*100-mile update is at the end of this article.
New for the 2018 Specialized lineup is the Chisel. The Chisel effectively replaces the Specialized Crave as their sub $2,000 hardtail 29er. The main difference between the Chisel and Crave is frame geometry. The Chisel geometry bridges the gap between traditional cross-country geometry and modern trail geometry by offering a head tube angle of 69.8°.
There are three options for the men’s Chisel:
Chisel Expert 1x ($1850)
Chisel Comp 2x ($1500)
Chisel Frameset ($750)
I chose to build up a frameset. Going the route of a frame gives you the option of two colors that are not available as complete builds. All Chisels are built with Specialized’s M5 aluminum.
The frame has internal cable routing, boost spacing, and a threaded bottom bracket shell.
My intentions were to build a lightweight cross-country bike that still felt fun/stable on the descents.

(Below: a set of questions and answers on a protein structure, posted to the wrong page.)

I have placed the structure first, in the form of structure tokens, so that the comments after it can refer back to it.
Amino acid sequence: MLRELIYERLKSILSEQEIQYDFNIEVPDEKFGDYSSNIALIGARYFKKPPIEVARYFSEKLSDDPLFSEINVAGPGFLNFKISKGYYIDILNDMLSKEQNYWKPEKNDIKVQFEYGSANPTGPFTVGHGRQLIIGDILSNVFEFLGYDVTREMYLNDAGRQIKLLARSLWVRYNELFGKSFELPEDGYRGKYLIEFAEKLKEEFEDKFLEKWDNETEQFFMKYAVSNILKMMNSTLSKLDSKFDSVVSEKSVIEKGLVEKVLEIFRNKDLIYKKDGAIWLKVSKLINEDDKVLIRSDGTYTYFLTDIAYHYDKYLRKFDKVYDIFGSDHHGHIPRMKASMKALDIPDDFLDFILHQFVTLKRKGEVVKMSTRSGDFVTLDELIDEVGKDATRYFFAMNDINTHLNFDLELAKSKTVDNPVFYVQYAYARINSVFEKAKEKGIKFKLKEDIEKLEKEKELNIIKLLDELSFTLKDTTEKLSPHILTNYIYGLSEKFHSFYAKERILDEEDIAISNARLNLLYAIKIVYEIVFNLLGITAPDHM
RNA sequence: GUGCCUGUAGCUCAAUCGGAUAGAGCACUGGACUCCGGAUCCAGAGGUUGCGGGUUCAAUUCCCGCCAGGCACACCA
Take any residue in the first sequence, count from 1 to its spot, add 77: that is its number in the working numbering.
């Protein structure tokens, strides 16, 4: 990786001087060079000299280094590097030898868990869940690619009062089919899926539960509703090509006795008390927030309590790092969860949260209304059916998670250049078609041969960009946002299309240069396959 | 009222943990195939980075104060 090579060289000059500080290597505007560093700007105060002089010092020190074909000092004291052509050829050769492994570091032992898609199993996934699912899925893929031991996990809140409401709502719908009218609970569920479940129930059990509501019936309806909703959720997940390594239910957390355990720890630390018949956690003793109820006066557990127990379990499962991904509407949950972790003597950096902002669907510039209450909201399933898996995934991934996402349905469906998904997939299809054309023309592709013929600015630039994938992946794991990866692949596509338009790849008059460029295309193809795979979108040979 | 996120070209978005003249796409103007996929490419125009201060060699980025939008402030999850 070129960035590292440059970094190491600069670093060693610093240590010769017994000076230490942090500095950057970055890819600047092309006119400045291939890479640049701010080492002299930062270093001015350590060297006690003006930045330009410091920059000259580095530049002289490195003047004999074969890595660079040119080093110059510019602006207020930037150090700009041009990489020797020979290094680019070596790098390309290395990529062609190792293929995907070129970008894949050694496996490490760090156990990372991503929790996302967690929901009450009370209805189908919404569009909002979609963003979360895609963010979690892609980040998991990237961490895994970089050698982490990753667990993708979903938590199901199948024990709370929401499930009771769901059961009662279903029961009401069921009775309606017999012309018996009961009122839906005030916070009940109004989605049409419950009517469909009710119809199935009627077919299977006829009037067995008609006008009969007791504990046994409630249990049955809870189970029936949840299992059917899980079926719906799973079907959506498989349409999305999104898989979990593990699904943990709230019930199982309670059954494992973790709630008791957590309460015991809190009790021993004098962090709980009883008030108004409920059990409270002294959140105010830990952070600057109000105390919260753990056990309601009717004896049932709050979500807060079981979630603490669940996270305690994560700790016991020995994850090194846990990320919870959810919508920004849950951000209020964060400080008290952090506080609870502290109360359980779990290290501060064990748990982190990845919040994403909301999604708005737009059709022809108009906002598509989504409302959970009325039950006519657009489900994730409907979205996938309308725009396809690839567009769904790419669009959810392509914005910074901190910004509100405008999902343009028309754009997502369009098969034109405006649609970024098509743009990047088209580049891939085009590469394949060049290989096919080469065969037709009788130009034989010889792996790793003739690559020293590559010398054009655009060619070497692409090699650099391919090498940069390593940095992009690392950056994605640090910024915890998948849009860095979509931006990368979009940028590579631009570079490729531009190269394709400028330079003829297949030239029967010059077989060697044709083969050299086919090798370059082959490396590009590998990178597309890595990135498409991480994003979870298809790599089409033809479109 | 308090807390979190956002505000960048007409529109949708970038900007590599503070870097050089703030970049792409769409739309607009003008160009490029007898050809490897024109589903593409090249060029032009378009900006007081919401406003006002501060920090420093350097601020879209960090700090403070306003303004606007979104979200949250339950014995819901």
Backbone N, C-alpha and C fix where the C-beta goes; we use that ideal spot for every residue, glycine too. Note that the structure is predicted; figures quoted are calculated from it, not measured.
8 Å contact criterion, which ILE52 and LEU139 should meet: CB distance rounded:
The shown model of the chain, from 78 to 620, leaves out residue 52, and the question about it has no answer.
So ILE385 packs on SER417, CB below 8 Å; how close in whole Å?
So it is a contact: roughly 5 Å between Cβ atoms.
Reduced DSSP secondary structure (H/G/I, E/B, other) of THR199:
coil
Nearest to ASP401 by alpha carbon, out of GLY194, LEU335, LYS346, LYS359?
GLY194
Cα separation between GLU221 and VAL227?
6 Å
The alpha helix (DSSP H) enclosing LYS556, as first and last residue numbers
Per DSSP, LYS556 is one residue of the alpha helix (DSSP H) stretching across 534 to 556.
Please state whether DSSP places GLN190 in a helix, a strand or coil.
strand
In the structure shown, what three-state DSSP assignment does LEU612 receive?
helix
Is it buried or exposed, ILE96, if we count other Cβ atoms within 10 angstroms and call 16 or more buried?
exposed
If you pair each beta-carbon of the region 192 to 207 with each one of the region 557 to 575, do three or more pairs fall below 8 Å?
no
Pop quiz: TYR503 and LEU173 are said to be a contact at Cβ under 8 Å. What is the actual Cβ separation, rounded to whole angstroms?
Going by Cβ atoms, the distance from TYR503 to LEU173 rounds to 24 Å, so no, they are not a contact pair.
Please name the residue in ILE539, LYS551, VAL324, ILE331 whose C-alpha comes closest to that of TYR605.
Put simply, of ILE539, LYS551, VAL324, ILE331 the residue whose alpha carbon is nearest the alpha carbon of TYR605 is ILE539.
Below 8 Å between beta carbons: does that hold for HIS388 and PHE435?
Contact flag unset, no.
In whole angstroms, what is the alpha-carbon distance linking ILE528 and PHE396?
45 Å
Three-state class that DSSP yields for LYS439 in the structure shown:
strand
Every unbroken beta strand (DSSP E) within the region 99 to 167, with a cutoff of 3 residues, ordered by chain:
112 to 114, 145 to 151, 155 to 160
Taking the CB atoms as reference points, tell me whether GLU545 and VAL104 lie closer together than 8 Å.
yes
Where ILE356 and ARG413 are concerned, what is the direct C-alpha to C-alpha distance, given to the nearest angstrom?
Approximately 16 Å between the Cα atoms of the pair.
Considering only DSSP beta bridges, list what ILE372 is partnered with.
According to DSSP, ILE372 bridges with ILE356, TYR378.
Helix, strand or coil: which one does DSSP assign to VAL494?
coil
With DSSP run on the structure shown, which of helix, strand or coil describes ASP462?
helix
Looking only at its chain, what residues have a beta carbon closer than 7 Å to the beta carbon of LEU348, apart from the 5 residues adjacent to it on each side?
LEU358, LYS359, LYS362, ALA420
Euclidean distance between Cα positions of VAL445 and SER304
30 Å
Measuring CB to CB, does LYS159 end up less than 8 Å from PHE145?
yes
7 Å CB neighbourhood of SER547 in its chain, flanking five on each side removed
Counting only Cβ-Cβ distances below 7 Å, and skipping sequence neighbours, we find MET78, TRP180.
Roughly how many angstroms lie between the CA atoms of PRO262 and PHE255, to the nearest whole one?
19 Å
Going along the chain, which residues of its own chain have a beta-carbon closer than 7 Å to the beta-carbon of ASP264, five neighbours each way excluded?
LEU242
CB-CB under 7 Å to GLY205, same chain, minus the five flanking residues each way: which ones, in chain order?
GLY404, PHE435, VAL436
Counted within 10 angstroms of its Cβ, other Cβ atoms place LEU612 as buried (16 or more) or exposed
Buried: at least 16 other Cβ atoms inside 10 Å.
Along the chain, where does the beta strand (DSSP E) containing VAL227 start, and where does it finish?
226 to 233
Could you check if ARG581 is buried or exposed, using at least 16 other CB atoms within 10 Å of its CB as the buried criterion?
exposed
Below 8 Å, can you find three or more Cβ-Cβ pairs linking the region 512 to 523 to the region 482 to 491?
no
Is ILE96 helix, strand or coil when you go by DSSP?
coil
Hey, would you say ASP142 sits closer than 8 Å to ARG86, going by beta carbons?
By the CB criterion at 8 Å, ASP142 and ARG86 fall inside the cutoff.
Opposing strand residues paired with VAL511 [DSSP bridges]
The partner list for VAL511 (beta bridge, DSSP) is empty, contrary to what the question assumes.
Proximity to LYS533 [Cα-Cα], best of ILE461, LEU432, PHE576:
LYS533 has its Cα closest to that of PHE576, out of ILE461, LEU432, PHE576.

For the fork, I chose the 2018 Fox 32 Step Cast with Kashima Coat.
The fork is light (a hair under 3 lbs). I chose the Fit4 3 Position Damper without the remote lockout. The Fit4 damper offers more adjustment when the fork is in its open position.
The wheels are built around Hope Pro 4 hubs which are high-quality hubs at a relatively affordable price.
I chose Stan’s No Tubes Crest rims which are plenty light and far more affordable than an average carbon rim. The wheels are laced with DT Swiss Competition spokes and purple alloy nipples.
Finishing off the wheels are WTB tubeless valves, Orange Seal rim tape and sealant, and Maxxis 29×2.35 Ikon tires.
The drivetrain consists of a Shimano XT 11-speed 11-46 cassette, KMC X11SL chain,
Shimano XT shifter and derailleur,
Race Face Next SL G4 cranks and a Wolf Tooth 30t oval chainring.
The brakes are Shimano XT with 160mm rotors front and rear.
The cockpit contains a Race Face Next 35 20mm rise 760 width handlebar,
Race Face Turbine 35 stem,
ESI Fit XC grips, Origin8 VEX platform pedals,
Specialized Phenom Expert 143mm saddle, and a KS LEV Integra 27.2 internally routed 100mm travel dropper post.
Finding a 27.2 dropper with a decent amount of travel and internal routing proved to be difficult but this dropper seems up to the challenge thus far.